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Intensive Care Med Exp. 2015 December; 3(Suppl 1): A642.
Published online 2015 October 1. doi:  10.1186/2197-425X-3-S1-A642
PMCID: PMC4898133

Epidemiology of sepsis in brazilian icus: a nationwide stratified sample

Introduction

Previous studies of the prevalence and fatality for sepsis in patients admitted to Brazilian intensive care units (ICU)([1]-[3]) were based on a small convenience sample, with most ICUs located in the wealthiest regions of the country. Thus, the current national sepsis prevalence, fatality rates and its associated risk factors are unknown.

Objectives

To assess prevalence, fatality rates and prognostic factors of severe sepsis and septic shock, in a stratified random sample of Brazilian ICUs.

Methods

A point prevalence study. The calculated sample size was 2,450 ICU beds to enroll 784 severe sepsis/septic shock patients. To generate the sampling frame, we created ten different strata, based on geoeconomic regions, considering hospitals located at state capitals or countryside and institutional profile (public or private), and randomly selected 13% of the ICUs in each stratum. All selected ICUs answered a websurvey regarding the availability of key clinical resources. We constructed a score based on the availability of 8 equal-weight items: ability to measure blood gases, lactate (both available in three hours); cultures (blood, urine and respiratory secretions), antibiotics (third-generation cephalosporins, carbapenems or piperacillin-tazobactam plus vancomycin or teicoplanin or linezolide), central venous catheters, crystalloids, norepinephrine and availability to measure central venous pressure. We considered as high availability those ICUs who always have all 8 items, intermediate availability those with 6-7 items and low availability those with 5 or less items. We included all patients with severe sepsis or septic shock hospitalized in the participants ICUs on one specific day (26/February/2014). We assessed demographic data, SAPS3 and compliance with sepsis treatment bundles and followed all patients until hospital discharge, truncated at 60 days.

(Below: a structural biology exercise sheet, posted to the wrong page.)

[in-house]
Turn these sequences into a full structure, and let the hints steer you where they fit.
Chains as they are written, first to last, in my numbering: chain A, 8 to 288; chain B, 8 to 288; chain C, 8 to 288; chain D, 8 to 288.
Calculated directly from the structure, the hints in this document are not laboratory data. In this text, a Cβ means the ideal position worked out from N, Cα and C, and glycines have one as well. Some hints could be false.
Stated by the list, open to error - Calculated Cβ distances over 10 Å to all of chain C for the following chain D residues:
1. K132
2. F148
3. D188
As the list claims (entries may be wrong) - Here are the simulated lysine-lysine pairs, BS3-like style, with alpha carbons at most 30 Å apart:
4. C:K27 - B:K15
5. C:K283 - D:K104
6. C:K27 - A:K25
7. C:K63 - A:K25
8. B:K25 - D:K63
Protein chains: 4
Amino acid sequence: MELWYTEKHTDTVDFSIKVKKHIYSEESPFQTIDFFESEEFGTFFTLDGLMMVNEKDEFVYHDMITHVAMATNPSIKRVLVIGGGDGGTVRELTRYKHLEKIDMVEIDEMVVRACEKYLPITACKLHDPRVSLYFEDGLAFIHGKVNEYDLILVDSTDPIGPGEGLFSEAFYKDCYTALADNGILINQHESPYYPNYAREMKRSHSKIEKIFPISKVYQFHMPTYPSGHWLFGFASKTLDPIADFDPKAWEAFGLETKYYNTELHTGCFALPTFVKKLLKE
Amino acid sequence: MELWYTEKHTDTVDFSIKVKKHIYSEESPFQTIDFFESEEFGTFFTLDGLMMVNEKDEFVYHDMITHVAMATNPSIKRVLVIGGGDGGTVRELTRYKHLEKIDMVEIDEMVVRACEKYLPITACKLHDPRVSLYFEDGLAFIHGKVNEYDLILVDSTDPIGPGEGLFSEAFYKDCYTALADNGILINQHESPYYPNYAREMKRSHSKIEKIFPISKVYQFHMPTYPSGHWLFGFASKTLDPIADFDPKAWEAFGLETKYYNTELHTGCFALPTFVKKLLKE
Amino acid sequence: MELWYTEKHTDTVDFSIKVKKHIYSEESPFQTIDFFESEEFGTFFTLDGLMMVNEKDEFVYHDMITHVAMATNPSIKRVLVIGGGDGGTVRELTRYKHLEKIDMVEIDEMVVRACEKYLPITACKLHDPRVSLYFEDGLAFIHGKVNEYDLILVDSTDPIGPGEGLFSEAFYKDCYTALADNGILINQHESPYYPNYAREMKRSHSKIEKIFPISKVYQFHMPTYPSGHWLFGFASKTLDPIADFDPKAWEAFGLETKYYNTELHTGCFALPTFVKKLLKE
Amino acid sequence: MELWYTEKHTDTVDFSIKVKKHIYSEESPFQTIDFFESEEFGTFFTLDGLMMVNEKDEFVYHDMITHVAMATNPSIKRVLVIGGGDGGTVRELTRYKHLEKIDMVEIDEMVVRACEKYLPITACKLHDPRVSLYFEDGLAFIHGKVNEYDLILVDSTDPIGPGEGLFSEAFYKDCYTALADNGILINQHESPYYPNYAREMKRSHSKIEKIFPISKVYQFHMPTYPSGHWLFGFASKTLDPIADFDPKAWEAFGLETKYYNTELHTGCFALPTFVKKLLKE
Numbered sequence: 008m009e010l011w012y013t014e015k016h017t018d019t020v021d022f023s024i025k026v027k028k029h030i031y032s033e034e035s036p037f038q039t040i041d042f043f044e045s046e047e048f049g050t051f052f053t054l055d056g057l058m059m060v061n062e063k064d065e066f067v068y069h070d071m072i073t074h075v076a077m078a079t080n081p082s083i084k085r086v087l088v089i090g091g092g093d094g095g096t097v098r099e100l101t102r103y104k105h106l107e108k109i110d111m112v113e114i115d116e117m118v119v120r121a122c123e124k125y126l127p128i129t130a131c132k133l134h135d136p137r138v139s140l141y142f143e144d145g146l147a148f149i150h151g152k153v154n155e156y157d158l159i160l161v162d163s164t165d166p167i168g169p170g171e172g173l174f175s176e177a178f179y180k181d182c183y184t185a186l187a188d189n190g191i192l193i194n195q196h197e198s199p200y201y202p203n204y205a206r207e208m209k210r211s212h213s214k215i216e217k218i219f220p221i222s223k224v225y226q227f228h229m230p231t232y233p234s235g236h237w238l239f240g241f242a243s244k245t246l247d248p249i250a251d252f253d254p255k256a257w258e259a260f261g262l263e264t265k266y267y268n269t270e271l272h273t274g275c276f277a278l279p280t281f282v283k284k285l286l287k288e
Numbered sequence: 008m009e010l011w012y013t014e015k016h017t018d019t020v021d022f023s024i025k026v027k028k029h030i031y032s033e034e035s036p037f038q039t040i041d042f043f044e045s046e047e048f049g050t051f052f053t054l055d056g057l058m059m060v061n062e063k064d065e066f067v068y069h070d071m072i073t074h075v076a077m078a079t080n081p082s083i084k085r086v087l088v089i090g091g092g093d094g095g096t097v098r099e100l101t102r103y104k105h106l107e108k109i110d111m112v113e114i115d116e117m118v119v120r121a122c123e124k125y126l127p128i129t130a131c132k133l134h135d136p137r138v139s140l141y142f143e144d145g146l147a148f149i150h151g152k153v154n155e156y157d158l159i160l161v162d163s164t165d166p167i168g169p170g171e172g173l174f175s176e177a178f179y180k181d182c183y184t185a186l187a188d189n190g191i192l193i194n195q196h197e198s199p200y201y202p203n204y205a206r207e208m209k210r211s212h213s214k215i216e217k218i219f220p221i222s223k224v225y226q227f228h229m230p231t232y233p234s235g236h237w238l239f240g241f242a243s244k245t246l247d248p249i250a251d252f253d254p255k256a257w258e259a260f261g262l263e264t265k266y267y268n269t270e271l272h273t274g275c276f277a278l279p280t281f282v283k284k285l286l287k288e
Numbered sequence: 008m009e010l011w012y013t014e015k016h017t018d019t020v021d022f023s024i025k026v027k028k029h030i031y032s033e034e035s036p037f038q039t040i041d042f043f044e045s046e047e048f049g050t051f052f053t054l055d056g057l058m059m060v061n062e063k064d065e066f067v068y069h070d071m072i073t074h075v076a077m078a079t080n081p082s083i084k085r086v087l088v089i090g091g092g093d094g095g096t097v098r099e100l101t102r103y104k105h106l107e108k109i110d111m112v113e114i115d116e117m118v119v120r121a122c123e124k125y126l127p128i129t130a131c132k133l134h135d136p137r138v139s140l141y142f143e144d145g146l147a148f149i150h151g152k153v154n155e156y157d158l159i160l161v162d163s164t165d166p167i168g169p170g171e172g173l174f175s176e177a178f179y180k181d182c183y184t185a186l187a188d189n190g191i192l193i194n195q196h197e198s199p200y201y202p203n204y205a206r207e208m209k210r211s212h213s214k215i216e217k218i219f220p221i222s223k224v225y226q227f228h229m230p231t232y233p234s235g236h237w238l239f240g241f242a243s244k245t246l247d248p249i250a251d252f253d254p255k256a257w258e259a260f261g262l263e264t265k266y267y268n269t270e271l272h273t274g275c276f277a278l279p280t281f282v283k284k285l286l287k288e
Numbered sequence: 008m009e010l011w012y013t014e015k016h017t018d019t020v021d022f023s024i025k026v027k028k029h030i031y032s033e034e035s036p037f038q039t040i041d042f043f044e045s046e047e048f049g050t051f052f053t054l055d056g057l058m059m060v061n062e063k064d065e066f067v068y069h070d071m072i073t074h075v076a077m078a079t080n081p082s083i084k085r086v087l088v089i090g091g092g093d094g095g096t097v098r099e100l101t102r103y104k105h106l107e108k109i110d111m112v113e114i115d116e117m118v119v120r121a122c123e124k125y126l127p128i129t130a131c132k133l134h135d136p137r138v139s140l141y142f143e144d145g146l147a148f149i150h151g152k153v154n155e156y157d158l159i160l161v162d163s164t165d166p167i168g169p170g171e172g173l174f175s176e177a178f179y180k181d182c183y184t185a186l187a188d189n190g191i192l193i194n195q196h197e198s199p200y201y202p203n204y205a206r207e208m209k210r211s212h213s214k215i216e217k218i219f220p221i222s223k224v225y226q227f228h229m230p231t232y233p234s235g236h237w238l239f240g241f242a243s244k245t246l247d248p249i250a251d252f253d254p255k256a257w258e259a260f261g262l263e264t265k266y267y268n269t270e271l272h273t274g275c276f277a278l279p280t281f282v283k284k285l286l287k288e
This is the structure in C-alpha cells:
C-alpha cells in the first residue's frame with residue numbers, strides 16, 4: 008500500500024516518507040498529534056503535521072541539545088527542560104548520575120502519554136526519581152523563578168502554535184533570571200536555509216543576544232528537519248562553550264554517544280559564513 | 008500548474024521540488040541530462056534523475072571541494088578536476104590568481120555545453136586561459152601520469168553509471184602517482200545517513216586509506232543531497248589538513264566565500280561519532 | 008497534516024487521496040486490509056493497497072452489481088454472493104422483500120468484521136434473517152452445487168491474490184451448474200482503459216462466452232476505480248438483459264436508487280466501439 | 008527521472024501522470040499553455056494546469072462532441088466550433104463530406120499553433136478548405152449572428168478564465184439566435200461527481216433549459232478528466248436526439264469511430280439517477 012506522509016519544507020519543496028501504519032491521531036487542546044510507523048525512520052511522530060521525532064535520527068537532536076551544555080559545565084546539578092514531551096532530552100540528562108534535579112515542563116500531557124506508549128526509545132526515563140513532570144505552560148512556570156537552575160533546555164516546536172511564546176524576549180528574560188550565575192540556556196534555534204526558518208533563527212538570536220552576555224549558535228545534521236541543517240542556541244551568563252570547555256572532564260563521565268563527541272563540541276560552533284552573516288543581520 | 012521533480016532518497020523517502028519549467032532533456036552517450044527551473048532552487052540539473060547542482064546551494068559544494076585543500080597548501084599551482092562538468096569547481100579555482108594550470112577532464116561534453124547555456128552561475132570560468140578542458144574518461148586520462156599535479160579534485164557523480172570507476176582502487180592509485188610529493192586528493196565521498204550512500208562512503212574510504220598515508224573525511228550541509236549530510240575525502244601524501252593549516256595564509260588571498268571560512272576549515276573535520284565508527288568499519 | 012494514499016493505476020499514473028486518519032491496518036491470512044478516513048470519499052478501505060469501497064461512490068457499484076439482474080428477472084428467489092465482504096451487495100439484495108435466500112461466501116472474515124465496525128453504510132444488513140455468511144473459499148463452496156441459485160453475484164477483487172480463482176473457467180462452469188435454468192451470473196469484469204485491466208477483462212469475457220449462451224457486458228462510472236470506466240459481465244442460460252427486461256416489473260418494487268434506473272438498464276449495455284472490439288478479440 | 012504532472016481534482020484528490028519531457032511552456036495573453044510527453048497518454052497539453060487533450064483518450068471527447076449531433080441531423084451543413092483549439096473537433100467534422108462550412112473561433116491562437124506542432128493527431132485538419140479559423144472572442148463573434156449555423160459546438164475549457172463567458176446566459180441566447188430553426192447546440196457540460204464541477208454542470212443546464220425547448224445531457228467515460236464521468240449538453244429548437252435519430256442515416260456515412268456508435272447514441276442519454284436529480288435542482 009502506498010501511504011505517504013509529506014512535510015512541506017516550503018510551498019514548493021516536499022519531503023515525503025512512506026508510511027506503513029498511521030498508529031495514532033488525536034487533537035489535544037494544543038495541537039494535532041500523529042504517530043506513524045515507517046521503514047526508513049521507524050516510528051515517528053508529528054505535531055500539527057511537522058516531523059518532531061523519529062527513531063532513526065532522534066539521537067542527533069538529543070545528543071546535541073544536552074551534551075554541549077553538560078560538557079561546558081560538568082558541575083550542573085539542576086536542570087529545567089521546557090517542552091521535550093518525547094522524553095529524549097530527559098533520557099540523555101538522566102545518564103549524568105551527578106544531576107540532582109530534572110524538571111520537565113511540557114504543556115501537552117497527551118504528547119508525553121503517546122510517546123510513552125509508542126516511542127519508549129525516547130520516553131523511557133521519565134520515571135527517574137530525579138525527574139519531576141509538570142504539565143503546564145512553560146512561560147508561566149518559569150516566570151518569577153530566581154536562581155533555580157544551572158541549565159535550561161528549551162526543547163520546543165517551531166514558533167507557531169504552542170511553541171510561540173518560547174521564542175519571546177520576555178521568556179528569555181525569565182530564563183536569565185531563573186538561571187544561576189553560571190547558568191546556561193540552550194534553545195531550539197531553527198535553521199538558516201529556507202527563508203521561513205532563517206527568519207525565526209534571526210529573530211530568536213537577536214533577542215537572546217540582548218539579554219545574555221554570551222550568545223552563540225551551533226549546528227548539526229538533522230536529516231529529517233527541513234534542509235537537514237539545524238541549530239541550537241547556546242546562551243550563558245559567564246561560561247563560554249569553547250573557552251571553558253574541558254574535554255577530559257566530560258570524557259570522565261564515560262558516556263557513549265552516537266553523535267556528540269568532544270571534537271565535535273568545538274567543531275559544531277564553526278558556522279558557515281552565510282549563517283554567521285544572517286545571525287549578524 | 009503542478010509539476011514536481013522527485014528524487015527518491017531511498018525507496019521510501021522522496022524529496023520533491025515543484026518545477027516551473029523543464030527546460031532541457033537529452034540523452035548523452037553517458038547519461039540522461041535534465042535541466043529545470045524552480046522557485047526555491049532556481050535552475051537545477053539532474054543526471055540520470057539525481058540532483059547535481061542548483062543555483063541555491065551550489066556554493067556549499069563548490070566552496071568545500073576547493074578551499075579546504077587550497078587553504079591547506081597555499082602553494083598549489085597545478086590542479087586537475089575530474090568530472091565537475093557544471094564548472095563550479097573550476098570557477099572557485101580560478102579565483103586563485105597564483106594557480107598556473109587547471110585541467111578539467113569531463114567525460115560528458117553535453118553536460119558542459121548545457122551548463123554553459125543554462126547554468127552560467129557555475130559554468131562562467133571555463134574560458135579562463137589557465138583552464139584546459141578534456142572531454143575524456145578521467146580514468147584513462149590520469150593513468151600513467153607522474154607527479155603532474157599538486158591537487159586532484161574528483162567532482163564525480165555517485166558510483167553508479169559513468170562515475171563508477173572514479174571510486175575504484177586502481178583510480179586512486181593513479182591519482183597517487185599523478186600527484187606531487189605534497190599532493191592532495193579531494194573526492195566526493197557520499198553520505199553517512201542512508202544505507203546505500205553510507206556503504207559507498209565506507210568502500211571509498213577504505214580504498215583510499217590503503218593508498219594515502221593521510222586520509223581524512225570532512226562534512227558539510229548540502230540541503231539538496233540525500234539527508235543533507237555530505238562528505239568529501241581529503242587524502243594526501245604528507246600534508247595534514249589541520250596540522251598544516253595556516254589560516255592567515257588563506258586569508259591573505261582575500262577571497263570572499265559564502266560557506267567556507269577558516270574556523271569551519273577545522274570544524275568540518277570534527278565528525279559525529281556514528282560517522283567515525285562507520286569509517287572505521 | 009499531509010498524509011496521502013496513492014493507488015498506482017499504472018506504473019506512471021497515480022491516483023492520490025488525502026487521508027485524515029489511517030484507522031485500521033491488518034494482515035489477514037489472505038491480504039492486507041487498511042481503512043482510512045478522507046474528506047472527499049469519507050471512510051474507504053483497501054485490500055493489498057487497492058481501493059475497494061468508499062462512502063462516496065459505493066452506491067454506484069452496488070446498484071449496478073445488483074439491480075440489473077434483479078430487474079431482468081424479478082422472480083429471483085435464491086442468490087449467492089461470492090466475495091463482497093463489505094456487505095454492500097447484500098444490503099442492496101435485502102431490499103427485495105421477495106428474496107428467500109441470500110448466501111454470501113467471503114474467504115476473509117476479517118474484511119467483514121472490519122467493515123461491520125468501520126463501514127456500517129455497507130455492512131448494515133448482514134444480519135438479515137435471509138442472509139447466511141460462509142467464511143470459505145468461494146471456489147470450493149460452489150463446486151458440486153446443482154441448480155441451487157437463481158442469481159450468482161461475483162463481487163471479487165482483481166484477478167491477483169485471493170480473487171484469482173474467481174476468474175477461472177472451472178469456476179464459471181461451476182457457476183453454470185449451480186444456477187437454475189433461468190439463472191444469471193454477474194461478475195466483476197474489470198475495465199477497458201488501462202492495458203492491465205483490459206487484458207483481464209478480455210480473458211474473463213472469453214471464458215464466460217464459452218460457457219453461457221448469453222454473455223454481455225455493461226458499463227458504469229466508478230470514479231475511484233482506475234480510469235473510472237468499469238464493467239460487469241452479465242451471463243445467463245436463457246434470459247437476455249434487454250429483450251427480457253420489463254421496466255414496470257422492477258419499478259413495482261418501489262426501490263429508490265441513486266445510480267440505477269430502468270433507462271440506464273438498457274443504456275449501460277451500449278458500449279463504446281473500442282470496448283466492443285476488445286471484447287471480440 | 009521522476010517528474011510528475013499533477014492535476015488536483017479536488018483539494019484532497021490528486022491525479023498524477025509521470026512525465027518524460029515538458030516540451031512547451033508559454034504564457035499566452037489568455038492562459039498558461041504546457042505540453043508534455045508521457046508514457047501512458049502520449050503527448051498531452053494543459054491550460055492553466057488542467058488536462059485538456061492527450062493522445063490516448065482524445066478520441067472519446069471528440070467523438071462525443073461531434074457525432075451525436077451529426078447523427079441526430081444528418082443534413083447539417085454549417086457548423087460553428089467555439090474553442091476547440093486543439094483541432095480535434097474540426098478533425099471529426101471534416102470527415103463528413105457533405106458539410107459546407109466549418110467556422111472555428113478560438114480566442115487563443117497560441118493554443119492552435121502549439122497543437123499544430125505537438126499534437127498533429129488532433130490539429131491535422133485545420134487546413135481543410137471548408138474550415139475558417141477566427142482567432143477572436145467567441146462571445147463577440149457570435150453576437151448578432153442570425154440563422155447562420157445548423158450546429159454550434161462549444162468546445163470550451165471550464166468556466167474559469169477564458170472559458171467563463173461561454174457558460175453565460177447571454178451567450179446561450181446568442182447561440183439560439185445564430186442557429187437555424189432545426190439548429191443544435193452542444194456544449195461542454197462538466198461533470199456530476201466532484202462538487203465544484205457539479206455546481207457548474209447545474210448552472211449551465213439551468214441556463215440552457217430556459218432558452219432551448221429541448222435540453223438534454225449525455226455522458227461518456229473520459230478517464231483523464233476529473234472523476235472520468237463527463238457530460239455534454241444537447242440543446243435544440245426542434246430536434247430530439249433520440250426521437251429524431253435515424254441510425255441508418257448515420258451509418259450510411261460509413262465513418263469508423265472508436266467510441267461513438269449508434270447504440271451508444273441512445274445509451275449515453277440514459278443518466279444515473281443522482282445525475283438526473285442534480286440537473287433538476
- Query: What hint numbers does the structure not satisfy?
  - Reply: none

Results

On the day of study there were 794 (29.6%) patients with sepsis or septic shock among 2,705 patients already hospitalized or admitted in the 229 participant ICUs. The overall mortality rate was 55,7%. Mortality was 57.8% (67/116) in the South, 51.2% (208/407) in the Southeast, 70% (56/81) [f2] in Midwest, 58.3% (77/136) in Northeast and 57.4% (31/54) in the North region (P = 0.03). The mortality of public hospitals (56.0%; 253/452) was not different from the private ones (55.4%; 186/336). Factors independently associated with a higher mortality rate are in Table Table11.

Table 1
Factors associated with mortality.

Conclusions

Sepsis prevalence and mortality in Brazilian ICU are very high and represent a significant burden in critical care. Mortality is heterogeneous throughout Brazilian regions and is related to patients' characteristics but also to resource availability and adequate processes of care.

Grant Acknowledgment

FAPESP - 2011/20401-4.

References

1. Silva E, et al. Crit Care. 2004;8(4):R251–60. doi: 10.1186/cc2892. [PMC free article] [PubMed] [Cross Ref]
2. Sales JAL, Jr, et al. Rev Bras Ter Intens. 2006;18(1):9–17. doi: 10.1590/S0103-507X2006000100003. [PubMed] [Cross Ref]
3. Sogayar AM, et al. Pharmacoeconomics. 2008;26(5):425–34. doi: 10.2165/00019053-200826050-00006. [PubMed] [Cross Ref]

Articles from Intensive Care Medicine Experimental are provided here courtesy of Springer-Verlag